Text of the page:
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Cameron of the C.G.A., S.A.H.A. and East African Labour Corps 9 months 3 weeks ago #67100

  • Rory
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Angus McDonald Cameron

Gunner, Cape Garrison Artillery – Anglo Boer War
Gunner, South African Heavy Artillery – German South West Africa
Warrant Officer 2nd Class, East African Labour Corps – German East Africa – WWI

- Queens South Africa Medal with clasps Cape Colony & Orange Free State to 604 Gnr. A. Cameron, Cape G.A.
- Kings South Africa Medal with clasps South Africa 1901 & 1902 to 604 Gnr. A. Cameron, Cape G.A.
- 1914/15 Star to Gnr. A McD. Cameron, S.A.H.A.
- British War Medal to 5812 W.O. CL. 2 A.M. Cameron, E. Afr. L.C.
- Victory Medal to 5812 W.O. CL. 2 A.M. Cameron, E. Afr. L.C

Angus Cameron was born on 11 August 1870 in Greenock, Renfrew, Scotland the son of Angus Cameron and his wife Jessie, born McDonald. At the time of the 1881 Scotland census a 10 year old Angus was at 53 Shore Street in Inverkip, the house of his uncle William Cameron.

Ten years later, at the time of the 1891 Scotland census the, a 19 year old Angus was lodging at 60 Mar Street in Alloa, Clackmannanshire. This was the house of Daniel Michie and his wife Isabella. Angus was employed as a Reporter and Compositor – occupations which he was to follow his entire life.

At some point in the 1890’s he decided that his future lay not in the United Kingdom but in the sunny climes of South Africa. He was in Cape Town when the Anglo Boer War burst onto the world stage on 11 October 1899 and wasted almost no time in enlisting with the Cape Garrison Artillery as a Gunner, completing the Enrolment papers at Fort Wyngard Camp on 6 December 1899. The Cape Garrison Artillery was, more correctly, known as Prince Alfred’s Own Cape Artillery but the names were interchangeable.

Describing himself as a 28 year old Compositor and Reporter, Cameron claimed to have 3 years militia service with the Renfrew Volunteer Battery of the Argyle and Sutherland Highlanders. His private address he gave as the Sailors Home in Cape Town. Having signed on for one year he was assigned no. 604 and the rank of Gunner.

The Attestation forms make for interesting reading and provide valuable insight into the selection criteria for the regiment. Among other things the Doctor was required to confirm that:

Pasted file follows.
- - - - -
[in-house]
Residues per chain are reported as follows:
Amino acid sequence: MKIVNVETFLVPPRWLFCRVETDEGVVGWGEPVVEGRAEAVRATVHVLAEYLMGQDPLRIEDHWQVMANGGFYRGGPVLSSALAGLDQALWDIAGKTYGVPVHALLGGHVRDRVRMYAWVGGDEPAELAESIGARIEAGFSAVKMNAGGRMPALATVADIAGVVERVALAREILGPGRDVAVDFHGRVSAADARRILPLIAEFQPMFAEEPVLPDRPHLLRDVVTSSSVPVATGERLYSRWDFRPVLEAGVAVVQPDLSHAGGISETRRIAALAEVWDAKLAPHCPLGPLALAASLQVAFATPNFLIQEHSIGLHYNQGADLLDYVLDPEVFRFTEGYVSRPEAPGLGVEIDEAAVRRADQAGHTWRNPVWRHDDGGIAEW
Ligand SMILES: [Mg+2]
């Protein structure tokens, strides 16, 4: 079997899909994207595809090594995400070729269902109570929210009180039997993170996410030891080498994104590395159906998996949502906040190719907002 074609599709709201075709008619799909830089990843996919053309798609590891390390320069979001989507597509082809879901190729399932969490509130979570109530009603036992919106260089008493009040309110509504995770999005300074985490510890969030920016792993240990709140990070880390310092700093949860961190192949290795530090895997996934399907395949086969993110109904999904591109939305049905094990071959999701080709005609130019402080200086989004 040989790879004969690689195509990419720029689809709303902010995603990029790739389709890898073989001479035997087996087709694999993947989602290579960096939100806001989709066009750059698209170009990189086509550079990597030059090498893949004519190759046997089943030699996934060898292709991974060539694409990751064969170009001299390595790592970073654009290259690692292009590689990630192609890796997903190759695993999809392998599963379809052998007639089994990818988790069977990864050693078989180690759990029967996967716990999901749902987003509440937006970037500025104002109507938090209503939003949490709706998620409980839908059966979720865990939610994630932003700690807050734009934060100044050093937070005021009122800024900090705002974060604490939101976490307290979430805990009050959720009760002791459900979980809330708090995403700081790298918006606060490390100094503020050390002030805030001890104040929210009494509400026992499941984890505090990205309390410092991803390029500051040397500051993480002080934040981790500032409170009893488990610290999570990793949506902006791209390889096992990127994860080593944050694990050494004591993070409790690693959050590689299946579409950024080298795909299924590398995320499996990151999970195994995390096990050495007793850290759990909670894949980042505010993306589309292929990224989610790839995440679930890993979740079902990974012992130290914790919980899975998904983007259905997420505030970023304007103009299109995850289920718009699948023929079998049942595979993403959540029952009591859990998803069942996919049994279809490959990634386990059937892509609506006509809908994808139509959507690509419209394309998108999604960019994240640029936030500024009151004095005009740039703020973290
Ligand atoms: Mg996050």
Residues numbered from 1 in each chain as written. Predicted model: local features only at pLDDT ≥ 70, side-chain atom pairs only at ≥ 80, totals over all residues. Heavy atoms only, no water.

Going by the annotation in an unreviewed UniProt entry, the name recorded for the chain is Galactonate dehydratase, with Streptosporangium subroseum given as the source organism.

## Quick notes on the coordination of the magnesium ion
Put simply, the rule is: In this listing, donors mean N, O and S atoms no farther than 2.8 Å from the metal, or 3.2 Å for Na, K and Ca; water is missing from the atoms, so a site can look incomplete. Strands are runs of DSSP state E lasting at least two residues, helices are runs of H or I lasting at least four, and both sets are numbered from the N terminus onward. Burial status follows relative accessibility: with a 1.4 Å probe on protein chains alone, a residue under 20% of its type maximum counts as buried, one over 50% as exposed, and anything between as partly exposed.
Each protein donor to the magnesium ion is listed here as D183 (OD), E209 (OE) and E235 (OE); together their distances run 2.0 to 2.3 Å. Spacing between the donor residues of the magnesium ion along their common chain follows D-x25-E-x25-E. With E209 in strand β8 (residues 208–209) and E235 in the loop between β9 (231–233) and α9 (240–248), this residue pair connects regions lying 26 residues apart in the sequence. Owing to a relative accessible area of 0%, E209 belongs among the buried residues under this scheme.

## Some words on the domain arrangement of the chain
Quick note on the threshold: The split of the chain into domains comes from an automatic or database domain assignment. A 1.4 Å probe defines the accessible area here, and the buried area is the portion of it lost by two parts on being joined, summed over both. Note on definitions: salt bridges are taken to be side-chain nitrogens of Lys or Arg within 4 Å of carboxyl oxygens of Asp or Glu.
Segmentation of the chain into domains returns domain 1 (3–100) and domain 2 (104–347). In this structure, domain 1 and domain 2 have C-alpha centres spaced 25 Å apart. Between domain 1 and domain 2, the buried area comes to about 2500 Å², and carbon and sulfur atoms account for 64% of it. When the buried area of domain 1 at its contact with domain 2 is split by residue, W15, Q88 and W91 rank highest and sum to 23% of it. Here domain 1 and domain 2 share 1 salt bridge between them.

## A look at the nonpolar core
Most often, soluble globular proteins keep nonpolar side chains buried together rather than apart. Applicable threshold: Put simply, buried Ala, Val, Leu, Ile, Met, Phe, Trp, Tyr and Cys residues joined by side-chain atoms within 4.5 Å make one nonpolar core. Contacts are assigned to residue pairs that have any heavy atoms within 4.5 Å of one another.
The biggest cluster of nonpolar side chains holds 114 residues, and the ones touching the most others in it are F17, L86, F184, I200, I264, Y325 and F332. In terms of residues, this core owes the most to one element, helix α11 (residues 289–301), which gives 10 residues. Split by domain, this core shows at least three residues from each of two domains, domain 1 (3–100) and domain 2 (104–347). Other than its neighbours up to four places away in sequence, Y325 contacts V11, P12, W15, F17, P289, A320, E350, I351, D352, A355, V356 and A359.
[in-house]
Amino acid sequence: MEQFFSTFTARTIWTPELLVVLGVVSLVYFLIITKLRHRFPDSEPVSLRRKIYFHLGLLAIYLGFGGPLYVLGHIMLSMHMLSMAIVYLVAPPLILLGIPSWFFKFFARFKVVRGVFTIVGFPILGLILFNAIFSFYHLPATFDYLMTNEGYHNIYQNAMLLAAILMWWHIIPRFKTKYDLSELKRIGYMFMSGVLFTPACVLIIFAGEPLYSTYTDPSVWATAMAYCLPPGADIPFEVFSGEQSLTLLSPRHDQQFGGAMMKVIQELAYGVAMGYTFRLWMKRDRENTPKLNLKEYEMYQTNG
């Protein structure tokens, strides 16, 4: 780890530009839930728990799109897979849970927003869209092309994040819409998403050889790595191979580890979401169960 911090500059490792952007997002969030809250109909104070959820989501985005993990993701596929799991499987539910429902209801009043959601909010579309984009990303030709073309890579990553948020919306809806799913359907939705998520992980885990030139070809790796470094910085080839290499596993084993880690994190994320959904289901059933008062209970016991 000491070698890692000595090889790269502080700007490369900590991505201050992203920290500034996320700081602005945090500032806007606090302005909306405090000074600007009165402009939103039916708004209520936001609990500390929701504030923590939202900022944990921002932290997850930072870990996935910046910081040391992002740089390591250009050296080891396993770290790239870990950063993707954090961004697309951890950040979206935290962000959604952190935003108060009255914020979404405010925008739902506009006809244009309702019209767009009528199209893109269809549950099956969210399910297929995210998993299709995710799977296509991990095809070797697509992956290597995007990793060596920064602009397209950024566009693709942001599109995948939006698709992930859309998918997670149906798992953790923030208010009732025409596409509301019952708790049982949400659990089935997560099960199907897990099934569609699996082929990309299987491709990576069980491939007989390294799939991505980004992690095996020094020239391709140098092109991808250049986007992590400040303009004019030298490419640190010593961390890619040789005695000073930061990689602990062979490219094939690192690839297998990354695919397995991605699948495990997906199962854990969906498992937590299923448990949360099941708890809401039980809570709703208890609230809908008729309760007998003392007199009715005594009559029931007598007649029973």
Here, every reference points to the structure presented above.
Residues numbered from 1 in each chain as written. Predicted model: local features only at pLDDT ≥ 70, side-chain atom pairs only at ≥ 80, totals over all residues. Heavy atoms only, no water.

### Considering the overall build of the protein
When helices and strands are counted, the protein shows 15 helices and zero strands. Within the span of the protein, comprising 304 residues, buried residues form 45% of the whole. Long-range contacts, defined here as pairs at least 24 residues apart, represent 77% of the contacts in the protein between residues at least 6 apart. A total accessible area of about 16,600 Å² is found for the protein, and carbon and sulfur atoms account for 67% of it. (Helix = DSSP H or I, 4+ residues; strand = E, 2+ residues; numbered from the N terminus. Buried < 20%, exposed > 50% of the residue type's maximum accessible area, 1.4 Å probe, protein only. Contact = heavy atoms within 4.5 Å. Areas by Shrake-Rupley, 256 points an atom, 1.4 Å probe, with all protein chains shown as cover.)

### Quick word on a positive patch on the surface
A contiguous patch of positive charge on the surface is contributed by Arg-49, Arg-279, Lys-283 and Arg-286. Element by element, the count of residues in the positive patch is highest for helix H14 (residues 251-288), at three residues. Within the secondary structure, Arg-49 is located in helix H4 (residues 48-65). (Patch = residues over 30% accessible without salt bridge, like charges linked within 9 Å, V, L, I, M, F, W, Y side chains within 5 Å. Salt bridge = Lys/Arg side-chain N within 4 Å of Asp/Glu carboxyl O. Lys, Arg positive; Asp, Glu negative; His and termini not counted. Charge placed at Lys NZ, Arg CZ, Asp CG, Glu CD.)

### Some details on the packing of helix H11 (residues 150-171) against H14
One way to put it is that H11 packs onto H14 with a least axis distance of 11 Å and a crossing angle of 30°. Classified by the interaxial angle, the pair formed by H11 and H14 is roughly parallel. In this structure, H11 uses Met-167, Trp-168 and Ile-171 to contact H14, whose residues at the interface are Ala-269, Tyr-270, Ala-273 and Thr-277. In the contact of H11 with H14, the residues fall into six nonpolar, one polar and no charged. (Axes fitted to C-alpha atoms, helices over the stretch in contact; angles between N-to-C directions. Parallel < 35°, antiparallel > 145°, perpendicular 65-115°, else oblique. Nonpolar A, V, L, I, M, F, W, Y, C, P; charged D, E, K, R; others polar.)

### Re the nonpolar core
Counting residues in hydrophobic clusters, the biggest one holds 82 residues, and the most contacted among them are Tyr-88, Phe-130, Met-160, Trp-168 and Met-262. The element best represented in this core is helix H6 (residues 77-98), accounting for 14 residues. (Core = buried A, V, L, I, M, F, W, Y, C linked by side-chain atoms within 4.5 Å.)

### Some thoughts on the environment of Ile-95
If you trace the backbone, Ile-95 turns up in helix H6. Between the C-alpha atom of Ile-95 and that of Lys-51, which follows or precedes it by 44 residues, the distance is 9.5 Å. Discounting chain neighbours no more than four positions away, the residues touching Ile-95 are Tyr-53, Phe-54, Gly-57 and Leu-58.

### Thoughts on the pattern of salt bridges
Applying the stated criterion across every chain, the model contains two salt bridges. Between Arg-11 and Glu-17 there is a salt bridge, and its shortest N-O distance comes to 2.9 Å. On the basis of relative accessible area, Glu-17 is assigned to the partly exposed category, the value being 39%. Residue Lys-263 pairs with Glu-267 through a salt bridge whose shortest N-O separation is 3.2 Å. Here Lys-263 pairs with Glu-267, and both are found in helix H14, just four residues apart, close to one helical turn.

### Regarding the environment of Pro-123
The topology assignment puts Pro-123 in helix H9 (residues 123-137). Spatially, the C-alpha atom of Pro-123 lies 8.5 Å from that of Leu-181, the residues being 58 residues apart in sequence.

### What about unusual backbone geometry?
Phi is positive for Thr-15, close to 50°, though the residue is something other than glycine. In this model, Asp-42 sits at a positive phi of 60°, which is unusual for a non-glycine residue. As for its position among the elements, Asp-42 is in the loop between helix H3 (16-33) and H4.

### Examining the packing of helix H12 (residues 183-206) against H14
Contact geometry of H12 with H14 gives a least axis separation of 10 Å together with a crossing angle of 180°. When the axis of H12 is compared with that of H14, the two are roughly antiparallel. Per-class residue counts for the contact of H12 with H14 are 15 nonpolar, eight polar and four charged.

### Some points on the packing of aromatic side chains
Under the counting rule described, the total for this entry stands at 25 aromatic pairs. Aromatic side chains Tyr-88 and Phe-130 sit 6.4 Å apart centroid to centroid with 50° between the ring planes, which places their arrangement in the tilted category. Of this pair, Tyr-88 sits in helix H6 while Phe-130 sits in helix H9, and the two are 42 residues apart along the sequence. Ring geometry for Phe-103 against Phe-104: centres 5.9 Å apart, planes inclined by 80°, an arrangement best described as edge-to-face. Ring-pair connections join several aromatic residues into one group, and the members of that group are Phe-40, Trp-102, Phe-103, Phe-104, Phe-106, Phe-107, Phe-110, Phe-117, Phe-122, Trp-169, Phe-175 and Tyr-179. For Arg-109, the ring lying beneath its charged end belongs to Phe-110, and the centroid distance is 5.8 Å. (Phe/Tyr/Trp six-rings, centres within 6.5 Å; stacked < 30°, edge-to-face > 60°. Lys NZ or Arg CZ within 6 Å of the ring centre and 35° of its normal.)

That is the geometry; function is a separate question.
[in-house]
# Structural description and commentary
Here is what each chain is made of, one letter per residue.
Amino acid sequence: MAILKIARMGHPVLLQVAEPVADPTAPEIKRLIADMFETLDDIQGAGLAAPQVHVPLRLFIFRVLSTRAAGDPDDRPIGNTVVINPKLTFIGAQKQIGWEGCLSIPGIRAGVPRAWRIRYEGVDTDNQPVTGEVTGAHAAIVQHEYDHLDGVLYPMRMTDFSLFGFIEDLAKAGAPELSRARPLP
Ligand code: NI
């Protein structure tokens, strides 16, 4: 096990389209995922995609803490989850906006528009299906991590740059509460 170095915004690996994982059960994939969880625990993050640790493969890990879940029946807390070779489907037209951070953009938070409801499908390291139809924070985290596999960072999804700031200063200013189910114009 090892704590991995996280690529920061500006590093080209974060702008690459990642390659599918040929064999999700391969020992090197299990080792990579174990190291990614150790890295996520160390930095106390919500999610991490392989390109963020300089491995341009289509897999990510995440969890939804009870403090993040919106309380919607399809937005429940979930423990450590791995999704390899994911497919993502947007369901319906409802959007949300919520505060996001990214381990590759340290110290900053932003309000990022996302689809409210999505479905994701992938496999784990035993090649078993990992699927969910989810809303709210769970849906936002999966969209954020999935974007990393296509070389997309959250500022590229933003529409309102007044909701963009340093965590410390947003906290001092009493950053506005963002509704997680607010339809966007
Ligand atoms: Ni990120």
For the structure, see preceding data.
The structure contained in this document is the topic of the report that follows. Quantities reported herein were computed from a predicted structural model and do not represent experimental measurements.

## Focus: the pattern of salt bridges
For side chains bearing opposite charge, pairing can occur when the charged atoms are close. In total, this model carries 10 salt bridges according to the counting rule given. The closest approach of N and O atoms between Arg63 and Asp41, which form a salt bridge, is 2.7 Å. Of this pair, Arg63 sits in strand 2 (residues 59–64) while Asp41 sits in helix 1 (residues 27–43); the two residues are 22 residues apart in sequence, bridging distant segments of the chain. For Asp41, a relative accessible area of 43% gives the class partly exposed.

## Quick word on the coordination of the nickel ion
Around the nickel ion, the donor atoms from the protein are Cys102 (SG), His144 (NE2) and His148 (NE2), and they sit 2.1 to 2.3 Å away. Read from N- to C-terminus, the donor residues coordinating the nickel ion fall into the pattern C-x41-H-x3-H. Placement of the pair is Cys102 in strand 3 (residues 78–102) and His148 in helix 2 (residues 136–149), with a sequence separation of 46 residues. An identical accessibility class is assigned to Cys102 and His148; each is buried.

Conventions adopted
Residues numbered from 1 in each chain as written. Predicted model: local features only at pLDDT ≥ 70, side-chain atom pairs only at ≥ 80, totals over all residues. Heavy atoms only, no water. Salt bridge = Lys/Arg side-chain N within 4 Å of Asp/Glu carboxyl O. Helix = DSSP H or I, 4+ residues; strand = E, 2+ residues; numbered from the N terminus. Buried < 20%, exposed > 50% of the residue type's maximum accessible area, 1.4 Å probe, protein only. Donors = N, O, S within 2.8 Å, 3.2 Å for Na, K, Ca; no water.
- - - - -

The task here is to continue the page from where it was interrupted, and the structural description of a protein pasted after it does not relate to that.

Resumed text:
- Vision is sufficiently good to see clearly with either eye, and not colour-blind
- That his hearing is good
- That his chest is capacious, well-formed, and that his heart and lungs are sound.
- That his height in his stockings is not less than 5 feet 4 inches for a Driver, 5 feet 6 inches for a Gunner and that
- He is generally fit to become a member of the Cape Garrison.

This corps was embodied in October 1899, the strength being 373. Throughout the war they did much good work. During 1900 they were chiefly employed on the western railway and west of the line. A section was for some months operating under Sir C Warren and other leaders against the Griqualand rebels. The corps assisted in garrisoning various important posts. Some were in Jacobsdal when that town was attacked on 25th October 1900, and some were in the relieving force. In his telegram of 31st August 1900 Lord Roberts deals with an attack on Kraaipan station, in which he remarks: "Sergeant Southrood, Cape Garrison Artillery, behaved with great gallantry".

In 1901 detachments of this corps garrisoned, along with the Cape Town Highlanders and various locally raised troops, the towns in the extreme west of Cape Colony and sundry posts right up to the border of German South-West Africa, which were successfully held against repeated attacks.